Author’s note: With my two-year anniversary with Lucha Libre Volcánica upon me, I find myself thinking back on some of the more memorable experiences I’ve had there. This is the story of one such moment. Short of attending practice for the first time, or finally reaching my debut, it was probably the greatest defining moment in my lucha career. Its something you really can’t forget. Curious? Read on.
If you stick around the gym long enough to reach a certain point in your training, there comes the inevitable query from your maestro (coach): “Have you thought of a name?”
It happened almost a year and a half ago. The first time José asked me, my mind just sort of seized up. “Uh… no. I haven’t thought about it.” This was a complete truth considering I had only half expected to survive the rigorous workouts and reach the point where I even needed a name. Then he asked me again the next week. Now I knew it was a serious query, not just a light-hearted hypothetical question stemming from the fact that I was at that point the only person at the gym without a name. This meant that he was planning to put me in a show in the foreseeable future. It was time. I needed a name.
There’s something presumptuous about picking your own name. You’re assuming an extra identity, creating an alter-ego. It requires a sense of self-awareness that shines a bright light into the dark corners of your brain and makes you ask, “Who do I want to be?” Maybe I was overthinking it. In any case, I was plagued by worry after concern after preoccupation once I started contemplating names seriously.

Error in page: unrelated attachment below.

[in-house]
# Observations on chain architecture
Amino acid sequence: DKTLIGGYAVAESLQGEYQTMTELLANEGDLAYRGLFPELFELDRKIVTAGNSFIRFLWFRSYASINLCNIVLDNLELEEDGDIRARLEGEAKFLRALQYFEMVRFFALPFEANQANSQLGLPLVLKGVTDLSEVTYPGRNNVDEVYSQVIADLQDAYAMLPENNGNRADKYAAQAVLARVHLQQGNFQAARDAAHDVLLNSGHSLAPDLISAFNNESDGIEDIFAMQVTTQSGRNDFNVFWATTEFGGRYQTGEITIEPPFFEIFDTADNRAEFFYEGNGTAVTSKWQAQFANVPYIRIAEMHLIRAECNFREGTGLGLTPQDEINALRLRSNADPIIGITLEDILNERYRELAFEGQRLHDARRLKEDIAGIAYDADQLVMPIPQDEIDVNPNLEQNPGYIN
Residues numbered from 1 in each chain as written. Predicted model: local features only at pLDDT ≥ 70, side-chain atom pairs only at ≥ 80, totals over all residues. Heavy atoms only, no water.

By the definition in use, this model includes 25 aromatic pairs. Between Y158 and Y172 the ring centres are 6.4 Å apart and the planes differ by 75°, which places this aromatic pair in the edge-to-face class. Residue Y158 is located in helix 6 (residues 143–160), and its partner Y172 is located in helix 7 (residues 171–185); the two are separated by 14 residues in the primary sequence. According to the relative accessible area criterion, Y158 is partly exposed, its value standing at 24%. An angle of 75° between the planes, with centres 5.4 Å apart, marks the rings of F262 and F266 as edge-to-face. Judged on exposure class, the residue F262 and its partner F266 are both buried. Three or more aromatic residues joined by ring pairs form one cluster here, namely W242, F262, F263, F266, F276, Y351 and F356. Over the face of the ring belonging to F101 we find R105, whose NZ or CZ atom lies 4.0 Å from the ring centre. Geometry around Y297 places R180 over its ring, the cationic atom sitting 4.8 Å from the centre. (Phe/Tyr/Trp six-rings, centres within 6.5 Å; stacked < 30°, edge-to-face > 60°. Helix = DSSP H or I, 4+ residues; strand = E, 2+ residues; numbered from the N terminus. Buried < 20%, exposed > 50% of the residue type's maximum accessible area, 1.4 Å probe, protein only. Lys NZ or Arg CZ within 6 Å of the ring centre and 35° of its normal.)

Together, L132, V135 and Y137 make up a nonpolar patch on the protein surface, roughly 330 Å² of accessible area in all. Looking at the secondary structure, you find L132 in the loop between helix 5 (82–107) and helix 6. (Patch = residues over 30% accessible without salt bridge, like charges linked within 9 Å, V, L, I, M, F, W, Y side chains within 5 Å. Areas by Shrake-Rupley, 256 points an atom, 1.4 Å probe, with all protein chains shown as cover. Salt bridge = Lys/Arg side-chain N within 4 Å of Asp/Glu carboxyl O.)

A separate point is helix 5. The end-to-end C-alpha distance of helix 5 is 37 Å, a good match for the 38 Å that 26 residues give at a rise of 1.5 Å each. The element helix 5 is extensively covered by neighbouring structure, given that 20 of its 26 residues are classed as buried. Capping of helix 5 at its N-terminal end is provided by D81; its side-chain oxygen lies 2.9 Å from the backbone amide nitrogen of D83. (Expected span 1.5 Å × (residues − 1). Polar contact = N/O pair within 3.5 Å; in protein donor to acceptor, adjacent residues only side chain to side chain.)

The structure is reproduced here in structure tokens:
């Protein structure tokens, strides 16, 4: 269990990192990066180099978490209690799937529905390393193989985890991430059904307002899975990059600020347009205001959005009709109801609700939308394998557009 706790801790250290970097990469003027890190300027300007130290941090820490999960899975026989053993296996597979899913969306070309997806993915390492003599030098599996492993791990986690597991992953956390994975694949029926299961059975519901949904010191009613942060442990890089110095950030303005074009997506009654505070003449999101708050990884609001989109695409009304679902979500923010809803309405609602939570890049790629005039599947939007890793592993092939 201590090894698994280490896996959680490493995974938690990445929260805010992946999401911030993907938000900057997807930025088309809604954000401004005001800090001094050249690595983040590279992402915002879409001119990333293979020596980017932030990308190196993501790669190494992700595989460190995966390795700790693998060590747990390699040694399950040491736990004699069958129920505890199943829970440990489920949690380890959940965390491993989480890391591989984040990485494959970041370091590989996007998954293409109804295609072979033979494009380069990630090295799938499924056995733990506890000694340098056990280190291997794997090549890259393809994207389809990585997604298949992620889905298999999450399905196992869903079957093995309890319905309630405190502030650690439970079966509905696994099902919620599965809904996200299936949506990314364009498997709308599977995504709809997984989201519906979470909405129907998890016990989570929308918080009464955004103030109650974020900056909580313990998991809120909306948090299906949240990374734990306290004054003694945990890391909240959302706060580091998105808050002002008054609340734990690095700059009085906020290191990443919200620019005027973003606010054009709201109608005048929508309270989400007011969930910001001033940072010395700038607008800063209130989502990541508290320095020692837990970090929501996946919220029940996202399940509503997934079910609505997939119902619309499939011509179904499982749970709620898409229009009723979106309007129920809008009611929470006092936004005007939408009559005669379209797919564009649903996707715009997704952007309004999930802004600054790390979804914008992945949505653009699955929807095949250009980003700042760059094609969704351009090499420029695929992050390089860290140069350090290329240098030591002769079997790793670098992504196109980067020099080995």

But where to begin the search? If I recall correctly, it went something like this:
First off, I’m small. That narrowed it down some right off the bat. There was no way I could get away with naming myself after something large or particularly imposing. Nobody would take me seriously.
Next, I’m not Mexican. This is amazingly significant when you’re one of only a handful of white folk who practice the sport. That fact eliminated all sorts of animals and symbols that would’ve made for great names, but would have been too fraught with implications of a national identity that I can make absolutely no claim to. I didn’t want to go there.
Item three: I’m female. Given the nature of gendered nouns in Spanish, I was more or less limited to names that would carry a feminine article. This one was tricky because I didn’t want to choose a name that was traditionally feminine in a girly-girl sort of way. No “princesa,” “diosa,” “chica,” etc. That’s not the sort of character I wanted to portray. However, I did want to make it clear that I was a woman.
And finally, it is generally considered good form to not pick a name that is already being used by some other luchador. This complicated matters even more. It seemed like all the good names had been picked.
I thought long and hard about my ring name. These ponderings crept into my mind when I probably should’ve been doing things like studying for a chemistry exam, or paying attention in calculus lecture. Oh well. This was worth it. Not everyone gets the opportunity to become a luchadora, and it wasn’t a decision I was going to take lightly.
Understandably, I was nervous when I finally settled on a name. Unlike a name you are given, for which other people can be held accountable, selecting your own name reflects directly on you. Moral of the story: choose wisely. So, confident that I had put more than enough thought into my decision, I waited until the next time my coach asked me if I had chosen a name. I now had a response that wasn’t “No. Not yet.”
The moment someone else first calls you by your ring name, you know if you’ve made the right choice. All my fears about presuming too much by picking too grandiose a name or picking a name that didn’t fit were erased the first time during training that my coach shouted at me using not my birth name, but the moniker I had selected:
“Jump higher, pinche Avispa!”